A Daughter’s Love for Jewish Dad — and Soccer — Spans Generations
Soccer and the Shoah: Jill Klein’s father is second from left with his team members in a displaced person’s camp in Austria, wearing a sweater as his goalkeeper’s jersey.
My father and I will watch every game that the United States plays in the World Cup that starts this weekend. We live on opposite sides of the world – he is in Florida and I am in Australia—but today’s video technology will allow us to cheer the team on together.
My father’s love for soccer goes back more than 80 years. On Sundays, starting from when he was only five, he used to ride on his father’s bike to the soccer stadium at the edge of their town in Czechoslovakia. He sat in a small seat on top of the handlebars, his legs dangling in front of him. The bike swayed from one side to the other as my grandfather Herman pedaled through the town square, and my young father felt every bump of the cobblestones.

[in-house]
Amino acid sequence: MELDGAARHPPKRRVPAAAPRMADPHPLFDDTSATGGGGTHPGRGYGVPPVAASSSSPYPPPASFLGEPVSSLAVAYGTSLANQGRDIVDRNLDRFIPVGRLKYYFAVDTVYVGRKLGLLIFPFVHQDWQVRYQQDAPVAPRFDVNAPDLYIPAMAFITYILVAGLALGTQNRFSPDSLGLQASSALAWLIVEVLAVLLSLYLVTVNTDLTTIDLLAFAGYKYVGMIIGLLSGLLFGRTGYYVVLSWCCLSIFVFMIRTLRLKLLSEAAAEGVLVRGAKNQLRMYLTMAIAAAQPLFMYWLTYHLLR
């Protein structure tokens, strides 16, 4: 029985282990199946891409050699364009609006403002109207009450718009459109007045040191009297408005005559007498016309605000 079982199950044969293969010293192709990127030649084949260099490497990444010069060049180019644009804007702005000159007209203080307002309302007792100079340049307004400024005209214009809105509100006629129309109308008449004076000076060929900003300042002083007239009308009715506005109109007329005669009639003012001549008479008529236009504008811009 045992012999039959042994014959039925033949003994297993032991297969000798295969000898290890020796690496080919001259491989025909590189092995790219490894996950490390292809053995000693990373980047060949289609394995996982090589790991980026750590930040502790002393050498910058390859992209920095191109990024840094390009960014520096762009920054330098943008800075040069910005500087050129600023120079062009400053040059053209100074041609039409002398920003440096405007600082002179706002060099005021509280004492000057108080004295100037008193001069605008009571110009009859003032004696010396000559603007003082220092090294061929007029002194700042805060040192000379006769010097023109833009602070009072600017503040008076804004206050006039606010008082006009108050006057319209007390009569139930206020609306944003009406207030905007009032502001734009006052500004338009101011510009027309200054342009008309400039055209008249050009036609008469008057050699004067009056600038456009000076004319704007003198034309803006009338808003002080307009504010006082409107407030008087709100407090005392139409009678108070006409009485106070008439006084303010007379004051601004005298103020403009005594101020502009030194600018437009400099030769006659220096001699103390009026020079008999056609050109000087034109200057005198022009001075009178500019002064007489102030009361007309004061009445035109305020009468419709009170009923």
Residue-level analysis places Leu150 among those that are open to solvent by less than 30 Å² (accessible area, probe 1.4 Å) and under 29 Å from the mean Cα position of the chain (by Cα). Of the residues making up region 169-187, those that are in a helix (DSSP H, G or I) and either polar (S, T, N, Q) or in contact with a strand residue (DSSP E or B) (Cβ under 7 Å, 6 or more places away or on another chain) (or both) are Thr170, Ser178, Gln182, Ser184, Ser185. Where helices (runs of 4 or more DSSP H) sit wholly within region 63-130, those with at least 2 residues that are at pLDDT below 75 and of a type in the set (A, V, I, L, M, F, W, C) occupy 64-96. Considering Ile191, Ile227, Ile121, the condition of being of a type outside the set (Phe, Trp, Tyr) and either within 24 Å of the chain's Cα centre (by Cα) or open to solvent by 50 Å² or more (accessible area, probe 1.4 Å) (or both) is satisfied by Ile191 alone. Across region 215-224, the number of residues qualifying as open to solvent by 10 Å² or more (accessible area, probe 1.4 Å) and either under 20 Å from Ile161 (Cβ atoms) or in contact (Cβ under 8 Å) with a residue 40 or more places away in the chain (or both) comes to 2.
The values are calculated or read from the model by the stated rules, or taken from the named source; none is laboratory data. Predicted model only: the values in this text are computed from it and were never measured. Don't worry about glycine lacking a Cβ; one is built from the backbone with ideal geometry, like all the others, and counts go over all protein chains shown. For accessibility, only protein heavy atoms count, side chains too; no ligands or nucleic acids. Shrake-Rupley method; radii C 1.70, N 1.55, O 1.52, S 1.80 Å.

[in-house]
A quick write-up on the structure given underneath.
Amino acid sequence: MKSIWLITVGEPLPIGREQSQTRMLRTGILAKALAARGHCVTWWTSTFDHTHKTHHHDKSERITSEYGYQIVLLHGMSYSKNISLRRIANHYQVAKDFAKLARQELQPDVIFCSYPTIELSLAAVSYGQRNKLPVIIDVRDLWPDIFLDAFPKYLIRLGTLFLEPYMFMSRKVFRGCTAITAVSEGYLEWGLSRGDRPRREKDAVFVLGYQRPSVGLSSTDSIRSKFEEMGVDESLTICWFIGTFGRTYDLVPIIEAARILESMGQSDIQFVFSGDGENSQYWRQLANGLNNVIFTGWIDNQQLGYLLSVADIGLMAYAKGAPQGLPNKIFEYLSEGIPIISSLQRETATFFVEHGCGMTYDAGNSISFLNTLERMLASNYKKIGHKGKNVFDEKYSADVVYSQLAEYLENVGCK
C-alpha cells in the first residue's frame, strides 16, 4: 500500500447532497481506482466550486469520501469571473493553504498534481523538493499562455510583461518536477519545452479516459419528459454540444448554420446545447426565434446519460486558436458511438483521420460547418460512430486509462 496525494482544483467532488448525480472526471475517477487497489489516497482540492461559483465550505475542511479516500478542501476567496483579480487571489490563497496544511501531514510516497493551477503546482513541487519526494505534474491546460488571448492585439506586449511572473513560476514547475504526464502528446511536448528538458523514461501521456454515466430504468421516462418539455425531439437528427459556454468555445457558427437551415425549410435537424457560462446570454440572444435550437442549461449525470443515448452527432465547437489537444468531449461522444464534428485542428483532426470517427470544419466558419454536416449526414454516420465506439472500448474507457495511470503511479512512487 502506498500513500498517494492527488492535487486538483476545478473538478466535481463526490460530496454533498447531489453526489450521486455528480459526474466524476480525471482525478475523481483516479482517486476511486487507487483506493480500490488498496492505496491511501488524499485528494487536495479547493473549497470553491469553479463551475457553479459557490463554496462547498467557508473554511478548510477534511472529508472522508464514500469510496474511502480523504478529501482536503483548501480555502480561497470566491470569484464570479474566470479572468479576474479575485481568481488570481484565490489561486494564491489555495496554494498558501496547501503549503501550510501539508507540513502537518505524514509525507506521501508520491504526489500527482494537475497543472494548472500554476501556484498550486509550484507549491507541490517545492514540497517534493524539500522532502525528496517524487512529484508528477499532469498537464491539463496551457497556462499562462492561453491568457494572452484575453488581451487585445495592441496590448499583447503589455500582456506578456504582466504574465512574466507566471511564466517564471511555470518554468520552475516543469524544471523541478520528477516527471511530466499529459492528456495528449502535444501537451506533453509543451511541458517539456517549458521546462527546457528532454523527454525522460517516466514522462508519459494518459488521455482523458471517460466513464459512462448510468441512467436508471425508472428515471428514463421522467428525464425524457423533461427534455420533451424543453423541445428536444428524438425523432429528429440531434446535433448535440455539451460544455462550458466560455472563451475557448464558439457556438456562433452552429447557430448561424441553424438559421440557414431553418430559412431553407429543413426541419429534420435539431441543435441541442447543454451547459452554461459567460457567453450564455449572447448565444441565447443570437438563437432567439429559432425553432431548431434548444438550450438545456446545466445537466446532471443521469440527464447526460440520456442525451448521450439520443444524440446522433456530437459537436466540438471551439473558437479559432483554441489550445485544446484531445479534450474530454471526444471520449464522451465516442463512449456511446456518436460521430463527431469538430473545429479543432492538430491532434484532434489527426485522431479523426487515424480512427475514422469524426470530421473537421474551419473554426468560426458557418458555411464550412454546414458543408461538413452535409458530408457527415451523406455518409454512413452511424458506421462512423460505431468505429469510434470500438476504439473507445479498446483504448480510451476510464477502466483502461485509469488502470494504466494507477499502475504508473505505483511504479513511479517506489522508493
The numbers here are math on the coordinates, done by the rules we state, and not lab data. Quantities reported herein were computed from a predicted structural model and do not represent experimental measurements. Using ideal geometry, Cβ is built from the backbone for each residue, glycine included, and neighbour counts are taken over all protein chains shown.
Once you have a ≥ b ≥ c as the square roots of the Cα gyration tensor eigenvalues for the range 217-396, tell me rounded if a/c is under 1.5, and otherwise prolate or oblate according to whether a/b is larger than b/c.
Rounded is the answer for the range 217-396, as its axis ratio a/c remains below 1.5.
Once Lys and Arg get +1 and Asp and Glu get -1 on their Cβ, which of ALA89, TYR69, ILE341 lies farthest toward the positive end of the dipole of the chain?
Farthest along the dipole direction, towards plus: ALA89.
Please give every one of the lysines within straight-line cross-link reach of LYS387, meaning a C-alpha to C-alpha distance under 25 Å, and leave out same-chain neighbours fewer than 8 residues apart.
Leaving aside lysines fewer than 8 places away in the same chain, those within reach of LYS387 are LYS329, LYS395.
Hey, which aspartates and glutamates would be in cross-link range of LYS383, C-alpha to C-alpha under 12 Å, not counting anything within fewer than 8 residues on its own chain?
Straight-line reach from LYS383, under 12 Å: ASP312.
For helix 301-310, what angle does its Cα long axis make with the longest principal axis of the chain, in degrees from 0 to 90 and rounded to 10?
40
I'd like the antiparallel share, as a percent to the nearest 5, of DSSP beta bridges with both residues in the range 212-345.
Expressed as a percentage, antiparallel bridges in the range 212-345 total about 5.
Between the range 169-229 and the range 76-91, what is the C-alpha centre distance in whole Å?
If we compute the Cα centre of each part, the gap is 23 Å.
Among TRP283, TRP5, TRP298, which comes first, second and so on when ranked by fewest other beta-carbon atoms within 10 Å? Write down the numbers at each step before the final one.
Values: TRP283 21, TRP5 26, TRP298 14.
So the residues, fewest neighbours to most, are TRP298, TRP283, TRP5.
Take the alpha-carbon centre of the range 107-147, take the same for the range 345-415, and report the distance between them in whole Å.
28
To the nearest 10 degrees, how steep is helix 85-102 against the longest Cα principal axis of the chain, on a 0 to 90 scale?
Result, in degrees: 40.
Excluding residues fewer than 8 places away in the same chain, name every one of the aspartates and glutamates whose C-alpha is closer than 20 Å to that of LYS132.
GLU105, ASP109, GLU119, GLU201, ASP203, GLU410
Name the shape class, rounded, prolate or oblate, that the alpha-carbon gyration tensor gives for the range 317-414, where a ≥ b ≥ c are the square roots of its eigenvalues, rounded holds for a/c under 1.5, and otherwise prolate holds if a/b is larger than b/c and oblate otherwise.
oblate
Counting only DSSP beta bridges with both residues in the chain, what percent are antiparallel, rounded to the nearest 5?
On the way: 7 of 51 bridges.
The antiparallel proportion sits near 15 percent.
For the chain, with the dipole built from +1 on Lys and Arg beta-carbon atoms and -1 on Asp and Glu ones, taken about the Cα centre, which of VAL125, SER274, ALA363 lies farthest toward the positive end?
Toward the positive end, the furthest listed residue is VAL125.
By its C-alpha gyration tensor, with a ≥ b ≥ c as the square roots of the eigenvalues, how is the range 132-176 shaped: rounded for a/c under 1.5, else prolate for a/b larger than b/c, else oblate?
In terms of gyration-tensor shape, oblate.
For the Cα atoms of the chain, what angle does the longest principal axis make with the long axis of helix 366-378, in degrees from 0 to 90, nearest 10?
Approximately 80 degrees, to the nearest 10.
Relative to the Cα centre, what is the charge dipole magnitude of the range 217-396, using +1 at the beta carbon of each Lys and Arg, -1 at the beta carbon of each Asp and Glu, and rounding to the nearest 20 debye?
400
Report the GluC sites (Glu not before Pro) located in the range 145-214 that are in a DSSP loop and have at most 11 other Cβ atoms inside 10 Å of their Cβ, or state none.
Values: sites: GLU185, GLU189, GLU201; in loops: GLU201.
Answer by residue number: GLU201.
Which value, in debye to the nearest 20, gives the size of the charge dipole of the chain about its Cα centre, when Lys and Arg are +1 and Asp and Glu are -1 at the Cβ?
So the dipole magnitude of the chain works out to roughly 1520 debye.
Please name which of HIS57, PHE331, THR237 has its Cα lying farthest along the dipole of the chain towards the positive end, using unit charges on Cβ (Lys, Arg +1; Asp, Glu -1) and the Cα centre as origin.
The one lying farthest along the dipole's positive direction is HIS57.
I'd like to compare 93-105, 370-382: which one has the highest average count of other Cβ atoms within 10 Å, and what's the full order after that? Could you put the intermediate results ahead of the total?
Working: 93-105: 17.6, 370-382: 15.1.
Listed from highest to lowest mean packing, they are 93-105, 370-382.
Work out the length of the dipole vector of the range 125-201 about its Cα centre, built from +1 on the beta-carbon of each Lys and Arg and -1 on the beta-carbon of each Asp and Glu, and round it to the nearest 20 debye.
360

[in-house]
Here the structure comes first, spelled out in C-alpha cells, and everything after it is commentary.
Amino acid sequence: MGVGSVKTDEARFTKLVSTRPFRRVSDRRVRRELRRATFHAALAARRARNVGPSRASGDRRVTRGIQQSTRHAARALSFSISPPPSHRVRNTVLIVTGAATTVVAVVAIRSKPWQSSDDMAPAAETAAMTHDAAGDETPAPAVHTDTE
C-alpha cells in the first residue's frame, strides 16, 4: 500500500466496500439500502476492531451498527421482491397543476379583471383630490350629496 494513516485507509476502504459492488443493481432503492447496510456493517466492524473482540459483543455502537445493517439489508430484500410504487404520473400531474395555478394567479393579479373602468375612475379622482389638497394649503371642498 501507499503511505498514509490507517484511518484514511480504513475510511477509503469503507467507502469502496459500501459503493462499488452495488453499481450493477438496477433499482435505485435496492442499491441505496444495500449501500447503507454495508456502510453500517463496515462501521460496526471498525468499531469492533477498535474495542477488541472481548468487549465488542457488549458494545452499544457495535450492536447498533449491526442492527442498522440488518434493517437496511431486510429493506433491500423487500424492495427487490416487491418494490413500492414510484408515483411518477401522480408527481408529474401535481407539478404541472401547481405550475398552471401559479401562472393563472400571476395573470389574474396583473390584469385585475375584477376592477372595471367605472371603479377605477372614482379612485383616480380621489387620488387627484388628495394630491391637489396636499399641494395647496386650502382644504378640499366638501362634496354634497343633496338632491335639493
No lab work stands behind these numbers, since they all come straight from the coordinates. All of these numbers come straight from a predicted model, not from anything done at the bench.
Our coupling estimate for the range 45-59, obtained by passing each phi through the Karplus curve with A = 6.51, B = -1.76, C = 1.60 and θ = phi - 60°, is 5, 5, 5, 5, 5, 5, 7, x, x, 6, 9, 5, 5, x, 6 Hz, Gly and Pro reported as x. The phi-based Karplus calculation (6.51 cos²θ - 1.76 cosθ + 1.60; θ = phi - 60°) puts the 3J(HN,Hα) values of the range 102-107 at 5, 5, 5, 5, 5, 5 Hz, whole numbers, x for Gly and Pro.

The two of them shared a passion for soccer that drove my grandmother to tears. For years they supported their local team, rejoicing in occasional victories against their rivals from a larger, nearby town. My father played every day after school, and when he was a teenager, he joined the town’s Jewish youth team. Herman would watch my father—the shortest kid on the team—play in goal, producing diving saves that made Herman proud.